Obviously the fact that no hunter has bagged a Bigfoot or Skunk Ape sort of kills the idea that Bigfoot is real, he's out there picking berries right now. For the super-naturalists (who are also usually the spells-magic-with-a-K crowd) it makes much more sense to suppose that the monster is a thought projection or extra-dimensional entity or whatever.

Nick Redfern has written about this and seems to believe that all sightings of monsters, strange animals and UFOs are these thought projections. IMHO Redfern is a quack. The fact that he can get books published with regularity and have them sell tells me that there are lots of people out there just waiting for their own paranormal experience.
posted by wfrgms at 9:29 AM on November 2, 2005

Zardoz: I just don't think that unconscious or subconscious suggestion could play such a large role

The folks in Marseilles last year were really sure they had a black cheetah prowling behind their houses. They had seen it, described it, filmed it and they called the police to get rid of it. You don't think that self-suggestion can play such a large role: be sure that its power is bottomless. And in the case of Bigfoot, I note that there's a nice cottage industry (with its "research center", merchandise etc.) dedicated to the critter, and that alone could give some people ideas: in one of the testimonials on the site, a group of hunters reported seeing the beast and then accidentally erasing the footprints they just saw. Yeah, right. I'm wondering what will happen with bigfoot sighting now that small, handy, powerful digital cams (some able to do night vision) are everywhere, removing much of the excuses given for the lack of bigfoot pics and films. If people can muster strength to film tsunamis and suicide bombings with their cell phones they should be able to catch a big shy ape foraging for garbage.

A sad story: there are less than 10 bears left in the Pyrenees. 3 were reintroduced in 1996. 2 have already been shot by hunters since (of course this is strictly forbidden). The probability of a large mammal escaping humans for more than a few months is zero.

Let me ask you, do you think that you would be so susceptible to such mistaken identity?

One evening, some years ago, going to the bathroom at home, I saw what looked like a thin, curvy, greyish twig lying at the bottom of the toilet bowl. I thought it was strange (how could a twig be there?) but didn't pay much attention, so I flushed the toilet, the twig disappeared and I forgot about it.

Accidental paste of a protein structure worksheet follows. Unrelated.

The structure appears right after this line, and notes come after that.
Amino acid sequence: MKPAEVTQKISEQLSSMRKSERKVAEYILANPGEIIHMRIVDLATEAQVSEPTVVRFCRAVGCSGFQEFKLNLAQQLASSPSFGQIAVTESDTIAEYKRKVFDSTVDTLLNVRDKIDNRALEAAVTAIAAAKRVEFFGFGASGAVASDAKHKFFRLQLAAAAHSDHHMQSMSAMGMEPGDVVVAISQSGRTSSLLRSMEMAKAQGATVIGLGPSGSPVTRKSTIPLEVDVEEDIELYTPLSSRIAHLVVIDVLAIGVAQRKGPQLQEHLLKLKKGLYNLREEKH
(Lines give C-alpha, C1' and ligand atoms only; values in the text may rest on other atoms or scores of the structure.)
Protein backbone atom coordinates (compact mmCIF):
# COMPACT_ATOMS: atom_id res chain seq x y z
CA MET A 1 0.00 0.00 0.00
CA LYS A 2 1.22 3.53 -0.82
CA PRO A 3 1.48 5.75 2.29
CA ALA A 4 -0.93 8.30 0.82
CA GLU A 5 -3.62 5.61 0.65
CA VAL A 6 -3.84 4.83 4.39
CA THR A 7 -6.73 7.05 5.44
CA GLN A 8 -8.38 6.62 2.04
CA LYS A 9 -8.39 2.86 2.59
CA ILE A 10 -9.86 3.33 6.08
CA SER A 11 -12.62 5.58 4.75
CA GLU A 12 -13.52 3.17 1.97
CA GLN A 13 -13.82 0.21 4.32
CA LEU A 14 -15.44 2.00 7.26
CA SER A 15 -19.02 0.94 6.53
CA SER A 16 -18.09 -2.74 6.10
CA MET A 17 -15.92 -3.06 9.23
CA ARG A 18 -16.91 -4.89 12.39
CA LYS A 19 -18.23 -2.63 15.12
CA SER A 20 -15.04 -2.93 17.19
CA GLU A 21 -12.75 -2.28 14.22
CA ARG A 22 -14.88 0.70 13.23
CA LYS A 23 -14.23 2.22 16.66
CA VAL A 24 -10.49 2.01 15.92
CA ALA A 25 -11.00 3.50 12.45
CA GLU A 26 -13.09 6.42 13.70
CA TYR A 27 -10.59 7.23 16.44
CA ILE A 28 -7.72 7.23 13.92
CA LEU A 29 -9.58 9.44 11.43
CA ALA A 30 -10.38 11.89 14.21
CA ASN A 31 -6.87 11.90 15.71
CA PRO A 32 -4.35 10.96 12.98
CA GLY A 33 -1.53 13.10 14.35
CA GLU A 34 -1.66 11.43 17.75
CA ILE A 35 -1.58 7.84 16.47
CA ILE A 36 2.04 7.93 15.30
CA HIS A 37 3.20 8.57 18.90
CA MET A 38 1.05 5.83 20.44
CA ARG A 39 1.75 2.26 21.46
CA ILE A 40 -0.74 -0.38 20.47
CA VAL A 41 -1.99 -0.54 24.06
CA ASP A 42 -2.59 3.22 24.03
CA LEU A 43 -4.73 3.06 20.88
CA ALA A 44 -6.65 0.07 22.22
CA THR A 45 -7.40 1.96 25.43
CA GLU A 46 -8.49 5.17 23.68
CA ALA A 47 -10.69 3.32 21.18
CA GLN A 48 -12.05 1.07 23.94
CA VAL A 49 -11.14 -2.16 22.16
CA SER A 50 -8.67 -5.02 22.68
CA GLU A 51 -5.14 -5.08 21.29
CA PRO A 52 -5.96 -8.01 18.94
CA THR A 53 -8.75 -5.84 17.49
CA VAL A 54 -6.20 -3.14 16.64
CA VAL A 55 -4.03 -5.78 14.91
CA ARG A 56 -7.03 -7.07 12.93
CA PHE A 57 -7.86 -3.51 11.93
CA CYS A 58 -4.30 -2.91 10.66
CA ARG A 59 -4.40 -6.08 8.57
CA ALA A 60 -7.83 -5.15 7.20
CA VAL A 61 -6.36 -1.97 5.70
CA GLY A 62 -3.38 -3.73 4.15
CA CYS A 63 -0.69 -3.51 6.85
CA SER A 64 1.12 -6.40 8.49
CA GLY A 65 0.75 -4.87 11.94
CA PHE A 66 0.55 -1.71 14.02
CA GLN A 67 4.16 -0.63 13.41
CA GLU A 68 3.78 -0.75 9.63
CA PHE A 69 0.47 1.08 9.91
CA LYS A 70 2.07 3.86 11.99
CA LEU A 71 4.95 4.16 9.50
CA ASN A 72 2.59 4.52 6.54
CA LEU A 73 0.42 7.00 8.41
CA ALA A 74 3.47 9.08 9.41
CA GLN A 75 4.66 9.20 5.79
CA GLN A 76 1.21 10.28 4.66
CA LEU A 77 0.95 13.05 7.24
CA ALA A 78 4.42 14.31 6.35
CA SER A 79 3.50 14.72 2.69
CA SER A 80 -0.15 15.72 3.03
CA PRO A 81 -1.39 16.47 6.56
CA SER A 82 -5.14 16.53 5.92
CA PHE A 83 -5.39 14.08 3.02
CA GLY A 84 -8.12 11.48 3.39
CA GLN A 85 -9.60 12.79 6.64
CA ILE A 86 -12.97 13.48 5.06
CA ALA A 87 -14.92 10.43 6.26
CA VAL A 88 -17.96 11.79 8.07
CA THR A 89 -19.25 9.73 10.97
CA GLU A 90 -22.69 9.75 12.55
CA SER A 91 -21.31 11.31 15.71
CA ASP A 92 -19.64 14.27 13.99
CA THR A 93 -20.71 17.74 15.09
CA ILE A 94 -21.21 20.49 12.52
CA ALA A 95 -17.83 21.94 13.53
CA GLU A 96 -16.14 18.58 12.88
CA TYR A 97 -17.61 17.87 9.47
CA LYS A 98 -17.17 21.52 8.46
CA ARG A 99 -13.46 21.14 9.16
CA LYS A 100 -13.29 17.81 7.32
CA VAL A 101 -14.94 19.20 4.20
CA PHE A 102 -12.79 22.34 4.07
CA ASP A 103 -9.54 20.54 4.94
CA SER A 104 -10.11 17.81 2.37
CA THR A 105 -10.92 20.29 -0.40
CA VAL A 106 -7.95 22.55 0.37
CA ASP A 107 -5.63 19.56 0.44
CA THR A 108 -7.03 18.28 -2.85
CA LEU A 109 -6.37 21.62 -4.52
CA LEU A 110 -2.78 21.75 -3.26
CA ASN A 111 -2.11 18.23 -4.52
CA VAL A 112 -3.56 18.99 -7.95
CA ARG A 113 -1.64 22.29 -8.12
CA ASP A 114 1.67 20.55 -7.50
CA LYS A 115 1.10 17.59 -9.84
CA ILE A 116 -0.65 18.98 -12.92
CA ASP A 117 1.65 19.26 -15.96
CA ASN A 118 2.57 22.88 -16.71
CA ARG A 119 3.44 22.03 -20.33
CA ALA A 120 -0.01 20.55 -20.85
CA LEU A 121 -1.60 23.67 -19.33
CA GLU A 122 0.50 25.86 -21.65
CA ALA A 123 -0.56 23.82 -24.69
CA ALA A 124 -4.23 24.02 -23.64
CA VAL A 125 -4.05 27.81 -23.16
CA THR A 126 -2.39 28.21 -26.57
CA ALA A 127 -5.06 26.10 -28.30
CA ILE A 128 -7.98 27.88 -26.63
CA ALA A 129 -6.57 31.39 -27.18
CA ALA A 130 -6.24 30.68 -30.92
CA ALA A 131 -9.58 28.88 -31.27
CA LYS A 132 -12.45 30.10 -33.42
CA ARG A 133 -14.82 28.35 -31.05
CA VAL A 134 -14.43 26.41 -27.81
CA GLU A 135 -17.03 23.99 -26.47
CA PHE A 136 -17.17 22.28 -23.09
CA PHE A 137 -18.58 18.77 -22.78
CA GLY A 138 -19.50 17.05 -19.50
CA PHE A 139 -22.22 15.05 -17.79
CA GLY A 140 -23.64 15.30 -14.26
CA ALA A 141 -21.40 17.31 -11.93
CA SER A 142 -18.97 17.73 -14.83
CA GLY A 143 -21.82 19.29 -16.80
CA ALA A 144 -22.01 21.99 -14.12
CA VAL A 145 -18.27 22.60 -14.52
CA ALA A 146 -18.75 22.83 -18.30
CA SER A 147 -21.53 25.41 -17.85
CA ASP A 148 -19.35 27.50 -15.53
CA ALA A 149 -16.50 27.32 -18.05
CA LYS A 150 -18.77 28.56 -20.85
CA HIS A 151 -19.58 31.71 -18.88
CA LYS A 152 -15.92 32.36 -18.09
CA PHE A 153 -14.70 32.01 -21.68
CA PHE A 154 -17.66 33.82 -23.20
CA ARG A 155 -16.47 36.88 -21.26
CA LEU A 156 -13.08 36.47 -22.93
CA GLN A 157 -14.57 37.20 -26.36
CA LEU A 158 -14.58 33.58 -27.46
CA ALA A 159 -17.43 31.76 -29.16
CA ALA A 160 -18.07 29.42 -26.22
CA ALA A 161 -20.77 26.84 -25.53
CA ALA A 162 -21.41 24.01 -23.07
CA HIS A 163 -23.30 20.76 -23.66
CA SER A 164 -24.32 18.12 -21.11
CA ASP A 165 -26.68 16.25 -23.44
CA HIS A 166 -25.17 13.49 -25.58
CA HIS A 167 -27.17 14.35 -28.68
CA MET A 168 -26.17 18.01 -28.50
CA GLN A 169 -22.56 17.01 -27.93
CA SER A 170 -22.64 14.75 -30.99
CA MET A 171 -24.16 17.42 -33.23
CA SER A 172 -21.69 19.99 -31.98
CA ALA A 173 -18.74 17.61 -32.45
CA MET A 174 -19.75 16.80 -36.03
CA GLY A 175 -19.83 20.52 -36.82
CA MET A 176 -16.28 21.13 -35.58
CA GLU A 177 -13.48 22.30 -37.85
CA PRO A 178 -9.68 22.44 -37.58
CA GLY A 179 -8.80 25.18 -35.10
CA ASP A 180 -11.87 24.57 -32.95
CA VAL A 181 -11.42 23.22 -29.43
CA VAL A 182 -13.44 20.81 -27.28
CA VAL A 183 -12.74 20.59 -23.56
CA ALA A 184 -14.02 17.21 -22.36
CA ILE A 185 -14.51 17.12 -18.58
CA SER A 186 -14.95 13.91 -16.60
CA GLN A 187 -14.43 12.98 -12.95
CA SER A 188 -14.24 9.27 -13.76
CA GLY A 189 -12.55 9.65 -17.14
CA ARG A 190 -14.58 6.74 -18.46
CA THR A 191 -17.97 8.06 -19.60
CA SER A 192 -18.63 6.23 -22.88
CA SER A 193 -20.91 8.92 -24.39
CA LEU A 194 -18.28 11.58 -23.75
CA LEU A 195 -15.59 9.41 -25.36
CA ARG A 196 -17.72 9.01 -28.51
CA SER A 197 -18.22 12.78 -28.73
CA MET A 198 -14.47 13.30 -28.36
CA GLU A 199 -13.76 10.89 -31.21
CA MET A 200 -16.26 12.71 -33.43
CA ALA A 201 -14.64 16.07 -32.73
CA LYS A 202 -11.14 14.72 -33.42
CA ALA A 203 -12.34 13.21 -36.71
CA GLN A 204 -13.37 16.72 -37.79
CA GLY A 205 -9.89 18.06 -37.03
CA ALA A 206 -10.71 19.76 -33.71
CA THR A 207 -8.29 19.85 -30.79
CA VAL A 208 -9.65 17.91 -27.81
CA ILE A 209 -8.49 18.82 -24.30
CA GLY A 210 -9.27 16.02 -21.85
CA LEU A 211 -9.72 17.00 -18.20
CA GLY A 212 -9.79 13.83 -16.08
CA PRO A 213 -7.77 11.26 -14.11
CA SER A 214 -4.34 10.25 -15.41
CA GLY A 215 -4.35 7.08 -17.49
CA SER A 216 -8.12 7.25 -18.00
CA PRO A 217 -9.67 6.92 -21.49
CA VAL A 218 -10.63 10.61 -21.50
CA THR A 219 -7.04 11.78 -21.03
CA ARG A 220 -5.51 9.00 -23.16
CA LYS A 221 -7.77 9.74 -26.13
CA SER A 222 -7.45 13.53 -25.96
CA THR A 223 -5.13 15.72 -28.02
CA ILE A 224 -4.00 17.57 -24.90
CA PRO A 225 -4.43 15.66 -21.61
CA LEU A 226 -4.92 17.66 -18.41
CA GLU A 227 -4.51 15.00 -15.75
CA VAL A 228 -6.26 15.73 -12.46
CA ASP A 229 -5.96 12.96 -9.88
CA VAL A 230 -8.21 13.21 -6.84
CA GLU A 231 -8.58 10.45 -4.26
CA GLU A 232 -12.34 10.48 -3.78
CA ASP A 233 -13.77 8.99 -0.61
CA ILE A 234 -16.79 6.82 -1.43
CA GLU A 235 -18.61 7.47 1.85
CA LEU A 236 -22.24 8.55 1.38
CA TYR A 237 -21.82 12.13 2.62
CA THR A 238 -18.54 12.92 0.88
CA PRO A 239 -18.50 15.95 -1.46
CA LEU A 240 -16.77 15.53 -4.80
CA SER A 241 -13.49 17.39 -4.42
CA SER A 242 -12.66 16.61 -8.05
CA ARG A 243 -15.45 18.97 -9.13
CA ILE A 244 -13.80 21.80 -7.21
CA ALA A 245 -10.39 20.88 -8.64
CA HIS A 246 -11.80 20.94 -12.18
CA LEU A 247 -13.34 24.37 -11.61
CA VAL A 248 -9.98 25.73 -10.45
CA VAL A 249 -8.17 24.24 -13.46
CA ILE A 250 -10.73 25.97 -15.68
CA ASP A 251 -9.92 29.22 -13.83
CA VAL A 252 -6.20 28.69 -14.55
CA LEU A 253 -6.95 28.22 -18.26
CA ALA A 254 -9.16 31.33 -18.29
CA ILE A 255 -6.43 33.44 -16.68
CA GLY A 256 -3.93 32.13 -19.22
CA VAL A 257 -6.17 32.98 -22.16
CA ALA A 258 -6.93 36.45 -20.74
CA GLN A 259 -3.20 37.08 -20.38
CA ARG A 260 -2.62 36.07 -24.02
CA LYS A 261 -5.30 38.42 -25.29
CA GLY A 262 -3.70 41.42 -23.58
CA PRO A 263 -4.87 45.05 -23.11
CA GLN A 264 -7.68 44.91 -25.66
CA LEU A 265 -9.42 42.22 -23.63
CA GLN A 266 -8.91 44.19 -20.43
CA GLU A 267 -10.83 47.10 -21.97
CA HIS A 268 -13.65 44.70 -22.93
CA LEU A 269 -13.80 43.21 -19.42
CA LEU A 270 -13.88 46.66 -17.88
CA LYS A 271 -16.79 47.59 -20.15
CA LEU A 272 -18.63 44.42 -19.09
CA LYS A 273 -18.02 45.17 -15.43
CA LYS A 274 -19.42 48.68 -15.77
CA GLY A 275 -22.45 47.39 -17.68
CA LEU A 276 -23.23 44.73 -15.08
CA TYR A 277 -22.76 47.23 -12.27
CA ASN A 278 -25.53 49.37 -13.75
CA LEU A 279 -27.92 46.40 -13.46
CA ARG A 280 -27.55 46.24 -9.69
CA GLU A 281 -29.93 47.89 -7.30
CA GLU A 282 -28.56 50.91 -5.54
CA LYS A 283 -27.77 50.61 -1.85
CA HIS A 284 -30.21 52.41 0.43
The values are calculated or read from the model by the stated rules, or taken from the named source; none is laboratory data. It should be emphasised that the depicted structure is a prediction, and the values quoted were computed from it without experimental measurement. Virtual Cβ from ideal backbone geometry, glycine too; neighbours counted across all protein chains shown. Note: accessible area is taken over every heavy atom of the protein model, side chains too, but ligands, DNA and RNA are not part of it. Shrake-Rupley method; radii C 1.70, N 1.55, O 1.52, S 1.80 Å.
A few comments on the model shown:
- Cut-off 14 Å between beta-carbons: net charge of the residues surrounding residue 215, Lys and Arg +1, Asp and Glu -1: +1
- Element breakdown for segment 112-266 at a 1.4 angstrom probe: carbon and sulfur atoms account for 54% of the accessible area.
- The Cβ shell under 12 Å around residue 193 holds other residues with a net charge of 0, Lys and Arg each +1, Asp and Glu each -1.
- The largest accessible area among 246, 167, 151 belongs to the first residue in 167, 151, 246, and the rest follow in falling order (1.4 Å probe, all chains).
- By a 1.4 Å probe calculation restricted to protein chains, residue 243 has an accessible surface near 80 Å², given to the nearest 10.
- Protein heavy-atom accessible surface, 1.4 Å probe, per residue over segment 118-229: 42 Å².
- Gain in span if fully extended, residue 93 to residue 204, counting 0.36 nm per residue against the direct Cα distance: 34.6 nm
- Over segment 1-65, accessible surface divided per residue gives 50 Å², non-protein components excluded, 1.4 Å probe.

An hour later, before going to bed, I peered down the toilet bowl.

The "twig" had come back.

This time I looked closer: it was actually worm-looking, with what looked like scales over its body, and possibly hair. It swayed slowly at the bottom of the bowl like a moray eel, as if it were just living there. I took a small piece of wire and lowered it down gently into the water. The twig didn't mind. I touched the "twig". Its reaction was lightning fast: it retreated down the siphon and disappeared. I flushed again, just to be sure.

It was 1 am, and I had a 1-foot worm or leech (I ruled out a snake due to the presence hair) of a totally unknown species living in my toilet bowl. I actually pinched myself and started humming the X-Files theme.

At 2 am, I returned to the bathroom, and there it was again, still moving gently in the water, at home. I wasn't equipped to catch it, and it was much faster than me anyway. I had noticed that it didn't seem to mind the light changes, as if it were blind. But what about changes in the water?

I opened a bottle of Drano (actually a local brand) and poured some drops in the water.

The creature didn't pay attention.

I poured more.

It became restless, twitching slightly.

I poured more.

It squealed.

Hard, high-pitched, unmistakenly mammalian squeals.

Fully realising what it was, at last, I flushed as fast as I could so that the acid wouldn't hurt it too much. So there, one poor rat thought that he could climb up the drain pipe to live in my siphon, with its tail resting in the cool water. It never came back (we found a dead rat in the basement a few days later, so at least we know that there were rats).

Back to the original point: it could have been perfectly possible for me to stop investigating at 1 am and start pushing the ubercool idea that giant worms of unknown species (or from Planet Zorg) were taking over the bathrooms of the world. The scientific reality, of course, was much more mundane.
posted by elgilito at 10:55 AM on November 2, 2005

Bigfoot killed Kennedy.
posted by Fuzzy Monster at 12:29 PM on November 2, 2005

In 1983 friends of mine from western Washington University were riding on bus from Vancouver BC to Seattle.

At the half way point they leapt up and staged this whole "Hey I saw some big ape thing!" production to see if they could get other people to say the saw something too.

About five other people said they had (not sure how many were on the bus total). And two or three others thought maybe they had.

Shared delusion.
posted by tkchrist at 4:55 PM on November 2, 2005

I thought Karen Hughes had left Texas for Europe? ; >
posted by amberglow at 5:22 PM on November 2, 2005

Mitch Hedberg said it best:

"I think the problem is that Bigfoot is blurry. He's a big blurry dude. And that makes him even more scary to me!"

(rip Mitch...)
posted by lumpenprole at 7:24 PM on November 2, 2005